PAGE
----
What are command injection vulnerabilities?
Command injection vulnerabilities are one of the most dangerous web vulnerabilities. Many security testers and bounty hunters aim to find command injection vulnerabilities due to the impact they can create on the target application.
This article will provide an overview of command injection vulnerabilities, along with an introduction to various vulnerabilities that can eventually lead to command injection.
What is command injection?
Command injection is a type of web vulnerability that allows attackers to execute arbitrary operating system commands on the server, where the application is running. Command injection vulnerabilities occur when the applications make use of shell commands or scripts that execute shell commands in the background.
Let’s consider the following URL of an application, which performs base64-encoding of user input.
This user input is passed as a get parameter to the encode.php file.
The following is the source code of encode.php:
system(“echo -n”. $input.” | base64″);
As we can notice from the preceding code snippet, the user input is passed to the php system() function, which is used to execute operating system commands in PHP.
If a user appends a system command to the input, it will be executed as an operating system command, which looks like this:
The following is the response returned to the user:
As we can see, the word test is not encoded but there is a long encoded text returned in response. Decoding this text looks like this:
|$ echo -n “dWlkPTMzKHd3dy1kYXRhKSBnaWQ9MzMod3d3LWRhdGEpIGdyb3Vwcz0zMyh3d3ctZGF0YSkK” | base64 -d
uid=33(www-data) gid=33(www-data) groups=33(www-data)
As you can see, the encoded text is the output of the id command passed to the application.
Why are command injection vulnerabilities dangerous?
The command injection class of vulnerabilities is considered one of the most dangerous web vulnerabilities because they give control on the underlying operating system to an attacker. This control can be used in several different ways, including lateral movement through the internal network using the trust the target server has with other systems on the network.
Vulnerabilities that can lead to command execution
While command execution vulnerabilities occur when the vulnerable application allows the end user to extend the application’s default functionality and execute system commands, it is also possible to execute commands through the application’s code. This is commonly known as code execution. Even when there is a code execution vulnerability, the end goal is to execute arbitrary system commands through it. Considering that, let’s discuss some of the vulnerabilities that can lead to command execution through command injection or code execution.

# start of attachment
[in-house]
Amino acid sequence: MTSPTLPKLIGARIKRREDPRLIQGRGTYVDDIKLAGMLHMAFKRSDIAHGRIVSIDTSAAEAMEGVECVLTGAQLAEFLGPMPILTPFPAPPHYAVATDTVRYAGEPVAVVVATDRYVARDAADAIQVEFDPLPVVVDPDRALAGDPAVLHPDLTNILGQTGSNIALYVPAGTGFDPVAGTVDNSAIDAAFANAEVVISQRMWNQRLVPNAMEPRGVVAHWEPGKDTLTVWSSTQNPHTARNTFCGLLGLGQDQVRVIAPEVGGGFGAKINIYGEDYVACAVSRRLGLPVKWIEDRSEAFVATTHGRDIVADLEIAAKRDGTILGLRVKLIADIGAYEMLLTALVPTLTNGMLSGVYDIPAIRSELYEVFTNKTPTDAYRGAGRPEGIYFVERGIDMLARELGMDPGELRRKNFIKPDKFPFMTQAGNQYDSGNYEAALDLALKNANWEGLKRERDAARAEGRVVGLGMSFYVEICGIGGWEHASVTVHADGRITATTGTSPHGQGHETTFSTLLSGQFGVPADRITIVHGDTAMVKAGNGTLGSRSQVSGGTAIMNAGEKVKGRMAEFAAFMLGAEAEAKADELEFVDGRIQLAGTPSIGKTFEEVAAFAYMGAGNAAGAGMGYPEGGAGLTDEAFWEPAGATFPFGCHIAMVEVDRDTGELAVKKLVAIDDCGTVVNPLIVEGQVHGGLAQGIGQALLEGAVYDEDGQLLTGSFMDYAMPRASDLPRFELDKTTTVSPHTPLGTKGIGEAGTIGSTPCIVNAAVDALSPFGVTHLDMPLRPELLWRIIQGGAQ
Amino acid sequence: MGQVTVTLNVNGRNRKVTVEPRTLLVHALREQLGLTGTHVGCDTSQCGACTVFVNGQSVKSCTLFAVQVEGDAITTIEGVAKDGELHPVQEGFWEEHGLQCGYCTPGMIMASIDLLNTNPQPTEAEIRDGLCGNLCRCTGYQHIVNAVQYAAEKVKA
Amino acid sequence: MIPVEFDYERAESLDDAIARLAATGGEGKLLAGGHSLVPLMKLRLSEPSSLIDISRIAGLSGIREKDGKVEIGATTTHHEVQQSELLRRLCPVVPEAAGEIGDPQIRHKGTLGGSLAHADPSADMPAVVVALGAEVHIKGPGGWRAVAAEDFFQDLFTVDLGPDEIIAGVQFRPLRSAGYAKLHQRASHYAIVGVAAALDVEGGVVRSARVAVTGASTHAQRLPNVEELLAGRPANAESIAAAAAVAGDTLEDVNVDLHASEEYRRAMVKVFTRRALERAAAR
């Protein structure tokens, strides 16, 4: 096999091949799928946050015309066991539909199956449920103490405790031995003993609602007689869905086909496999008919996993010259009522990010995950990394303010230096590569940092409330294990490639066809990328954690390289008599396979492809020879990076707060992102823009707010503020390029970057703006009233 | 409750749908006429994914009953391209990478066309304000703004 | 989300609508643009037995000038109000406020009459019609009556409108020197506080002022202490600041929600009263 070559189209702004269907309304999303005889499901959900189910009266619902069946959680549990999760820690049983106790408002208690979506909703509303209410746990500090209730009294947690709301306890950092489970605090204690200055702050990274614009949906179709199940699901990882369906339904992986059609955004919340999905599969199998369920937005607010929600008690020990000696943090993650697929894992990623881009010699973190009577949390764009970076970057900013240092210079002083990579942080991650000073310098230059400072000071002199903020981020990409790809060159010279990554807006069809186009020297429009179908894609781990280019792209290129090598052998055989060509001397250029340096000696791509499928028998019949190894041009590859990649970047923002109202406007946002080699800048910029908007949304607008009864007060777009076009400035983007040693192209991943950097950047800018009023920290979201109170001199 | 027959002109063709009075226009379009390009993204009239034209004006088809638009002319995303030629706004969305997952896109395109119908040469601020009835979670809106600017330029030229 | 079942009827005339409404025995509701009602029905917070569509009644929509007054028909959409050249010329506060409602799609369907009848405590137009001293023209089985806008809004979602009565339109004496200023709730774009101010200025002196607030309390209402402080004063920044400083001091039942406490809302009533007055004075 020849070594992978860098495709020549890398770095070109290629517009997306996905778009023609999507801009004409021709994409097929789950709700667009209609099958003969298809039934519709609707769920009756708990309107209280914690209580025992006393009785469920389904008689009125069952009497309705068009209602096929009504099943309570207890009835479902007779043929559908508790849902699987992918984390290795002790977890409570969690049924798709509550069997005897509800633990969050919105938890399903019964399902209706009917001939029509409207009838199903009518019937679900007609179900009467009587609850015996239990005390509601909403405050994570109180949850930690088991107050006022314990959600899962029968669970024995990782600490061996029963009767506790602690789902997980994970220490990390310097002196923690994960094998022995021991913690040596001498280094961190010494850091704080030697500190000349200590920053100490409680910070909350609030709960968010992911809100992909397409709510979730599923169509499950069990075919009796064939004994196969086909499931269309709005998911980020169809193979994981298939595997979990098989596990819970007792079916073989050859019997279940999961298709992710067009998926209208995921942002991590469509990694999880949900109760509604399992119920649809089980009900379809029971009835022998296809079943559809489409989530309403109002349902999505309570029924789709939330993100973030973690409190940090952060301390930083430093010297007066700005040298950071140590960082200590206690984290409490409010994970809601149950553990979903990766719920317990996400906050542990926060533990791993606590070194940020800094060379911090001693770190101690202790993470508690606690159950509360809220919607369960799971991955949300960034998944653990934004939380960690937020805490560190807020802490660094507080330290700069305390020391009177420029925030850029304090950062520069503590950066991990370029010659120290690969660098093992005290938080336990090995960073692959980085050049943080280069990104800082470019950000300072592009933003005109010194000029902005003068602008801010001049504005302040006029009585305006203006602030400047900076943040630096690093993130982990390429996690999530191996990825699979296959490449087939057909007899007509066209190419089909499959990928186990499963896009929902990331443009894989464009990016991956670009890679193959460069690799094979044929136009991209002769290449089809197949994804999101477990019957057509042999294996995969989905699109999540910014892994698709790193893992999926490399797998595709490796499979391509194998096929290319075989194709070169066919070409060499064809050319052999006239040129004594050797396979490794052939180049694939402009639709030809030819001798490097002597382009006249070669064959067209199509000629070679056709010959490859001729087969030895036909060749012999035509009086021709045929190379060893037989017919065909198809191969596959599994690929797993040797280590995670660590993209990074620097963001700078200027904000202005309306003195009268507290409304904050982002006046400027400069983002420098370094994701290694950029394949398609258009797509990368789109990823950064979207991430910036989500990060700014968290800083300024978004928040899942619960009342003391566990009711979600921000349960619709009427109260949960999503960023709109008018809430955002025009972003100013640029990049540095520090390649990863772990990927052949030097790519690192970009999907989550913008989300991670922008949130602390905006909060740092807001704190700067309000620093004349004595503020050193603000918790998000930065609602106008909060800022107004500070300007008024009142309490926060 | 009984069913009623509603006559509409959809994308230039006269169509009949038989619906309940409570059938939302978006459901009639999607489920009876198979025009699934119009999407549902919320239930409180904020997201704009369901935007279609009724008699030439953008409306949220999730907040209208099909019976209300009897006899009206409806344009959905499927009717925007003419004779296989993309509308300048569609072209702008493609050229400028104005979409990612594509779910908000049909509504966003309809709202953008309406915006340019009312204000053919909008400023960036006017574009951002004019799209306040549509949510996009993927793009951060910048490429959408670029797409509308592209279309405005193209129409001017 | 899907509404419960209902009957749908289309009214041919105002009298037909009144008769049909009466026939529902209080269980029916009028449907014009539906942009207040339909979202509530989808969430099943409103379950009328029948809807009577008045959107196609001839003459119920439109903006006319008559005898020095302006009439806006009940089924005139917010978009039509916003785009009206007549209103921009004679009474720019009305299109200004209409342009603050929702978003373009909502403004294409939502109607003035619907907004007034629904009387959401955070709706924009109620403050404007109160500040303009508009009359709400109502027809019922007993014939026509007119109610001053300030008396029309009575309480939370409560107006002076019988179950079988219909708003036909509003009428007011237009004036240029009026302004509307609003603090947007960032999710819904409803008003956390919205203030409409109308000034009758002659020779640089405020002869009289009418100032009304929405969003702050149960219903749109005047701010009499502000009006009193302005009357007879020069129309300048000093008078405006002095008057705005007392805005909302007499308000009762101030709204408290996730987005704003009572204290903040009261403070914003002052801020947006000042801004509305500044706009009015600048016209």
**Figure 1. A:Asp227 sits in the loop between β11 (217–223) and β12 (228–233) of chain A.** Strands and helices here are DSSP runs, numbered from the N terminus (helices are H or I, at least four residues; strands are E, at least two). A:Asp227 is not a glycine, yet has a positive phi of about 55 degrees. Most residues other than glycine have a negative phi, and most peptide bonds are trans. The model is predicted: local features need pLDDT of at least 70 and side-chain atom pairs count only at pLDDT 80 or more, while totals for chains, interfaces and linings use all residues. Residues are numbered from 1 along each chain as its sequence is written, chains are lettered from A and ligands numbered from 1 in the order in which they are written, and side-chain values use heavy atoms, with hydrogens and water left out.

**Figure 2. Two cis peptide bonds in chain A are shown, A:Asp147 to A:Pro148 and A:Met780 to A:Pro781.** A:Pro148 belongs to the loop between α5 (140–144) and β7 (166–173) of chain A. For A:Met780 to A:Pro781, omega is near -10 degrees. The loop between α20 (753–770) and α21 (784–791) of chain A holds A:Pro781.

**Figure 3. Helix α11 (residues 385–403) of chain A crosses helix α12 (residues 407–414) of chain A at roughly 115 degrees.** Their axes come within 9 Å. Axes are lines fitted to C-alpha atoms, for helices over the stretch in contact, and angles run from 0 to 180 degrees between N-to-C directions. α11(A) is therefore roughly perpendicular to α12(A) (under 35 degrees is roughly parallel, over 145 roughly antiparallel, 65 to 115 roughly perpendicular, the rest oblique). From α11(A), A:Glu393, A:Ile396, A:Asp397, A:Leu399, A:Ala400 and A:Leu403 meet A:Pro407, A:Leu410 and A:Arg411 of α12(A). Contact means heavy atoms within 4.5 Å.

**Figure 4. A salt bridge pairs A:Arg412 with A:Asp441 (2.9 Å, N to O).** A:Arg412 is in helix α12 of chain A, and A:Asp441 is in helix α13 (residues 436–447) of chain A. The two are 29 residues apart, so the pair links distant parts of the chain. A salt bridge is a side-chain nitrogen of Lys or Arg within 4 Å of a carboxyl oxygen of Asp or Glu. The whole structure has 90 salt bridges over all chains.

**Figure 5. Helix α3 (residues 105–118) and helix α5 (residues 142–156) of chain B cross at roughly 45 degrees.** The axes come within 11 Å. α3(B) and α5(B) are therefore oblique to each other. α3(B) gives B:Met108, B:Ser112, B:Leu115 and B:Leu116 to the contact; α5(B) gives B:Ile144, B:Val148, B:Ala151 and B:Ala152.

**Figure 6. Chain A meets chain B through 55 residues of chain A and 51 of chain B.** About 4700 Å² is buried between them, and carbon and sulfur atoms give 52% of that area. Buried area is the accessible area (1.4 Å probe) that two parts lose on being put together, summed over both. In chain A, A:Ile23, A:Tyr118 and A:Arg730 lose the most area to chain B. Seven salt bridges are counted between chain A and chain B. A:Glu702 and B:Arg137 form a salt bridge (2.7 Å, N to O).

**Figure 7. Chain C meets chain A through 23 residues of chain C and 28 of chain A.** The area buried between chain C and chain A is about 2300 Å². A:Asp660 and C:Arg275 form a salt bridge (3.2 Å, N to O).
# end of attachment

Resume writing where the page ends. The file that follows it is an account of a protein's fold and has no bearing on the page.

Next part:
The following are some of the vulnerabilities that can eventually lead to command injection attacks.
Arbitrary command injection
As we discussed in our previous example, it is possible for applications to have applications that receive arbitrary system commands from the user directly and execute them on the underlying host. This is a class example of command injection vulnerability.
Arbitrary file uploads
When applications allow users to upload files with arbitrary file extensions, it can lead to command injection when these uploaded files are placed within the webroot. This is yet another common way web applications can become vulnerable to command injection.
Aside from the standard command injection vulnerabilities, arbitrary command execution can also be possible using other vulnerabilities such as insecure deserialization. This takes advantage of the fact that the server-side code deserializes the serialized content passed by the user, without properly validating it. Even though this is commonly known as insecure serialization class of vulnerabilities, it eventually leads to command injection if the target application meets certain requirements such as appropriate gadgets being available in the class path.
Server-side template injection
When web applications use server-side templating technologies such as Jinja2 or Twig to generate dynamic HTML responses, it is possible to have server-side template injection. SSTI vulnerabilities occur when user input is embedded in a template in an unsafe manner and it results in remote code execution on the server.
XML external entity injection
XML external entity vulnerability is another type of vulnerability, which occurs against applications that parse user-controlled XML input using a weakly configured XML parser. XXE vulnerabilities usually lead to reading arbitrary files from the server and causing Denial-of-Service attacks.
However, they can also lead to command execution on the server when certain conditions are met. For example, if PHP expect:// wrapper is enabled on the target vulnerable server, it is possible to execute arbitrary commands on the server.
Please note that this is not an exhaustive list of vulnerabilities that can lead to command injection and there are several other vulnerabilities that can lead to command injection when they meet certain conditions.
It is apparent that there are several different vulnerabilities that can lead to command execution on the server. Developers must be aware of these command injection vulnerabilities due to the fact that these vulnerabilities are of high impact, as they can give full control on the underlying infrastructure.
In the next few articles of this series, we will cover some more command injection-related concepts such as identifying and exploiting blind command injection.
- Command Injection, OWASP
- XML External Entity (XXE) Processing, OWASP
- WSTG – Stable, OWASP
- A8:2017-Insecure Deserialization, OWASP